Book Review: milk and honey by rupi kaur

So I don’t read poetry very often, but the good folks at Simon and Schuster offered to send me this book in return for an honest review, and I had heard of Rupi Kaur before (on buzzfeed nonetheless) so I agreed to give it a go. I love being able to tell people I read poetry, even if it’s just a short, smug response; ” Why yes, I read a bit of poetry” (with an expression that would say, ‘doesn’t everyone’?).  I am THAT deep of a person, thank you very much. And although I hate landscape and nature poetry with a passion, I do enjoy a bit of humor poetry, or poems with a strong narrative behind them, so milk and honey was a good fit for me.

smugWarning: milk and honey is most definitely not a humorous collection (I thought you might think that, based on the sentence above). It’s split into four sections, and is not for the faint of heart. It basically deals with sexual abuse, a passionate adult relationship following that, the break-up, and then the healing from that breakup. Oh, and there are (sometimes graphic) line illustrations accompanying some of the poems, which really help the reader to understand what the poet is trying to say. So I liked this book because I wasn’t left wondering ‘what the hell did that mean?’ after each poem; her intentions were obvious, which I appreciated.

As a poet should, Kaur had a beautiful way of describing things, and striking phrases that will stick with me for awhile. For instance, on p. 197:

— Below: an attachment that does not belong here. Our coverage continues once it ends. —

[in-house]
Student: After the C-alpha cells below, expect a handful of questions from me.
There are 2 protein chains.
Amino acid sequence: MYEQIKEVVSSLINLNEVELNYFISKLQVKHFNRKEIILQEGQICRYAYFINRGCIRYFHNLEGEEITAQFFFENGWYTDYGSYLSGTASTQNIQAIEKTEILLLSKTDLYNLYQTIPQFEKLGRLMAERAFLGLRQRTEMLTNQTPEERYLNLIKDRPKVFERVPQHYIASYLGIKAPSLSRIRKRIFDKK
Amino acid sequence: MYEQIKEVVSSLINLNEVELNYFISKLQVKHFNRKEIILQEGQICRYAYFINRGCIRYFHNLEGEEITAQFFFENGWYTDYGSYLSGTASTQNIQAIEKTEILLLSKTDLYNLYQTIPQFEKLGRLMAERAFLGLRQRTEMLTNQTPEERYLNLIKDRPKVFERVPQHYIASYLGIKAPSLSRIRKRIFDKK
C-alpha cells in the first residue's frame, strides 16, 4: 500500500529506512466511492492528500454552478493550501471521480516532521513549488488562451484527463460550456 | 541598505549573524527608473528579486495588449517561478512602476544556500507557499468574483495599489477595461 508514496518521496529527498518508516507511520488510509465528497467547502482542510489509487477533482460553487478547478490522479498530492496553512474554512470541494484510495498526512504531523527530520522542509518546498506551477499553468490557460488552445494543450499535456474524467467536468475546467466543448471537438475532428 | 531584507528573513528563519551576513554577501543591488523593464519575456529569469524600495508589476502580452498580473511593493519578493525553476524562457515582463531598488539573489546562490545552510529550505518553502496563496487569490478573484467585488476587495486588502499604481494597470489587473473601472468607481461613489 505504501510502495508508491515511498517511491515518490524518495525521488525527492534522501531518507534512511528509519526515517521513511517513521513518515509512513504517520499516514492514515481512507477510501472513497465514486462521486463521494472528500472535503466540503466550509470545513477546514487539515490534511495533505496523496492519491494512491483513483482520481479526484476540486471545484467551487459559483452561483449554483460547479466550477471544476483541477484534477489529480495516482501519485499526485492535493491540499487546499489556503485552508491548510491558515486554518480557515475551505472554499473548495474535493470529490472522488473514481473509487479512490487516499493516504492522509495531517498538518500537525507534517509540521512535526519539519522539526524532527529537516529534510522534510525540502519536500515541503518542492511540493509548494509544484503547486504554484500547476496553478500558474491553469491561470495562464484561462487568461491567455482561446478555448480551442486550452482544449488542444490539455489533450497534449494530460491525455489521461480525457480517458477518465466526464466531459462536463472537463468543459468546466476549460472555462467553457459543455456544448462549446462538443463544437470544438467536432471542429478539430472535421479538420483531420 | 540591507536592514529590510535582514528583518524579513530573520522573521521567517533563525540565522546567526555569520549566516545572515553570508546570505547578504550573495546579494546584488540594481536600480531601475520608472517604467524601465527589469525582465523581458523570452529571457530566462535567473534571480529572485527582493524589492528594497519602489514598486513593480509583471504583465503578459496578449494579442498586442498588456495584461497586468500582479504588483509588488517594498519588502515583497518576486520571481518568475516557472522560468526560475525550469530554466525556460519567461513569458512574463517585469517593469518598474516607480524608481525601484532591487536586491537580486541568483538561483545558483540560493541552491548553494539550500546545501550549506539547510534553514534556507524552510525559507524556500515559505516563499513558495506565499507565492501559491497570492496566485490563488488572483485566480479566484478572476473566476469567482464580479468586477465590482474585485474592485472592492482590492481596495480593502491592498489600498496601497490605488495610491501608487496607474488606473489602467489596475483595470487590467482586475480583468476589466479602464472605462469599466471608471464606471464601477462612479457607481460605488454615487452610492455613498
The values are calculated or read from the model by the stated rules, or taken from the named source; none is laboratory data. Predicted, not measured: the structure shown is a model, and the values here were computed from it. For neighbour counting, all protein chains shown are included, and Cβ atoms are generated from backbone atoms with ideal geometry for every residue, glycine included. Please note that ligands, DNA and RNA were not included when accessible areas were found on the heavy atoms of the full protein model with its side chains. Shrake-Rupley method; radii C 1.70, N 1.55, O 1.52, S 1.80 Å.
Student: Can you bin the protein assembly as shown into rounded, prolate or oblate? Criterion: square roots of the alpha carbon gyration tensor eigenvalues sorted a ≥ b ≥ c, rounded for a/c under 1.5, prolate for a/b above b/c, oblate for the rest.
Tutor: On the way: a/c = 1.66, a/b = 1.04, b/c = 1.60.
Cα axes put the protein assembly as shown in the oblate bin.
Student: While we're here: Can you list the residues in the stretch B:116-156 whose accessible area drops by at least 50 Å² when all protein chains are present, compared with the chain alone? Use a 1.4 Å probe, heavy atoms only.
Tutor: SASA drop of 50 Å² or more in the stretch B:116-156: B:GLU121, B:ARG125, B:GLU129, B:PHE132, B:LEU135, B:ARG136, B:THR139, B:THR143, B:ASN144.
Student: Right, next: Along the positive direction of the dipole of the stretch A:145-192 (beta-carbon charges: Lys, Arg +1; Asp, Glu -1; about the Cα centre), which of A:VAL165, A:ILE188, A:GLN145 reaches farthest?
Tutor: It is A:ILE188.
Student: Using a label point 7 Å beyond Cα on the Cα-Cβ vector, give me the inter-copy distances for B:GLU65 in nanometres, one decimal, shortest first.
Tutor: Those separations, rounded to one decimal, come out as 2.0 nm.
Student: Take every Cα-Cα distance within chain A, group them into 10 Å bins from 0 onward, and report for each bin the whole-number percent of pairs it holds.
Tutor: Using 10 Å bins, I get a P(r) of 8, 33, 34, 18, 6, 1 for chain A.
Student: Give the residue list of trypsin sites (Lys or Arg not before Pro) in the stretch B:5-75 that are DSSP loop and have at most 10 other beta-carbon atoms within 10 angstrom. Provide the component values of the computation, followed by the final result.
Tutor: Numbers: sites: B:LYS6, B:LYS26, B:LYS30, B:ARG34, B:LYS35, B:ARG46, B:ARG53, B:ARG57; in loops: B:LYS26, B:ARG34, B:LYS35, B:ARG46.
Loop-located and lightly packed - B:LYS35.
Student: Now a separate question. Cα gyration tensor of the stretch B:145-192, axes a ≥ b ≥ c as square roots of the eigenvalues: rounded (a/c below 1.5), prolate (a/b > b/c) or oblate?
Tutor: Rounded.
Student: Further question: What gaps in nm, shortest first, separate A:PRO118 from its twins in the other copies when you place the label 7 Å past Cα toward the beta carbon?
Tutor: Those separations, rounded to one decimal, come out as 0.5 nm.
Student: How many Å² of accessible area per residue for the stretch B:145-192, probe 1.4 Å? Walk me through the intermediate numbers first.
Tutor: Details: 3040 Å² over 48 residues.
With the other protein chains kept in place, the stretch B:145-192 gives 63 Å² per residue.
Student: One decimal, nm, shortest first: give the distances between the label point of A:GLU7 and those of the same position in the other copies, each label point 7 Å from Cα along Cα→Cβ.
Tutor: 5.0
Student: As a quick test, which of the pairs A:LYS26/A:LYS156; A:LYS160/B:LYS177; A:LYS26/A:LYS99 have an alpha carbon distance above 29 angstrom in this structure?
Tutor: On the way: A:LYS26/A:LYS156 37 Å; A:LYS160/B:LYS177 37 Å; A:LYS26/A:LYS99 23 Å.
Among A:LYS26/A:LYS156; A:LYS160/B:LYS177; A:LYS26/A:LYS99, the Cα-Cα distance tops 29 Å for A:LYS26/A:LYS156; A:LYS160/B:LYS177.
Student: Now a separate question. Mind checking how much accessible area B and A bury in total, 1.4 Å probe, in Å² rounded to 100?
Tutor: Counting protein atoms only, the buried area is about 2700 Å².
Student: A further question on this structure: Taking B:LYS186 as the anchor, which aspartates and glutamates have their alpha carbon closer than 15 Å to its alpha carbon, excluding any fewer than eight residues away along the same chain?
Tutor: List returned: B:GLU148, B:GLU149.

if you are not enough for yourself

you will never be enough

for someone else

Pearl LOVES poetry, as this photo suggests

Pearl LOVES poetry, as this photo suggests

I would even go so far as to say that Kaur is a bit of a feminist. Alot of her work deals with acknowledging the goddess within you, honouring your strength as a woman, etc. I can appreciate this perspective, it’s nice to read as a fellow woman, and I’m lucky to have so many strong women in my life that I think many of them would enjoy this collection as well. But don’t let the ‘f’ word scare you off, read it for yourself and find your own take-aways.


Book Review: The Wrong Cat by Lorna Crozier

I don’t typically read poetry, but I always make an exception for the wonderful Canadian poet and icon Lorna Crozier. The Wrong Cat is her latest collection of poetry, and ‘spellbinding’ is one of the best words I can find to describe it. *

Obviously I’m going to like it because it features poems about cats, that’s a given. Although she doesn’t get into crazy cat lady territory, the cat poems simply introduce each section of the book, of which there are four in total. These short, cat-focused poems are mysterious, just like our feline friends. For example:

“Unlike the dog,

its opposite,

a cat defies

the anecdotal,

goes for the lyric…” (p. II)

And Crozier continues the animal theme throughout the book, including poems from different animals’ perspectives; usually their take on humans, which is wildly entertaining as you can probably imagine. She writes from the perspective of crows in quite a few pieces, as well as a lengthy ode to the nose of a moose. But these poems aren’t hokey, in fact they are quite the opposite. Crozier has a way of twisting the reader’s attention to something completely different, changing our perspectives as quickly as possible. For instance, at the end of the moose poem, she describes its mind: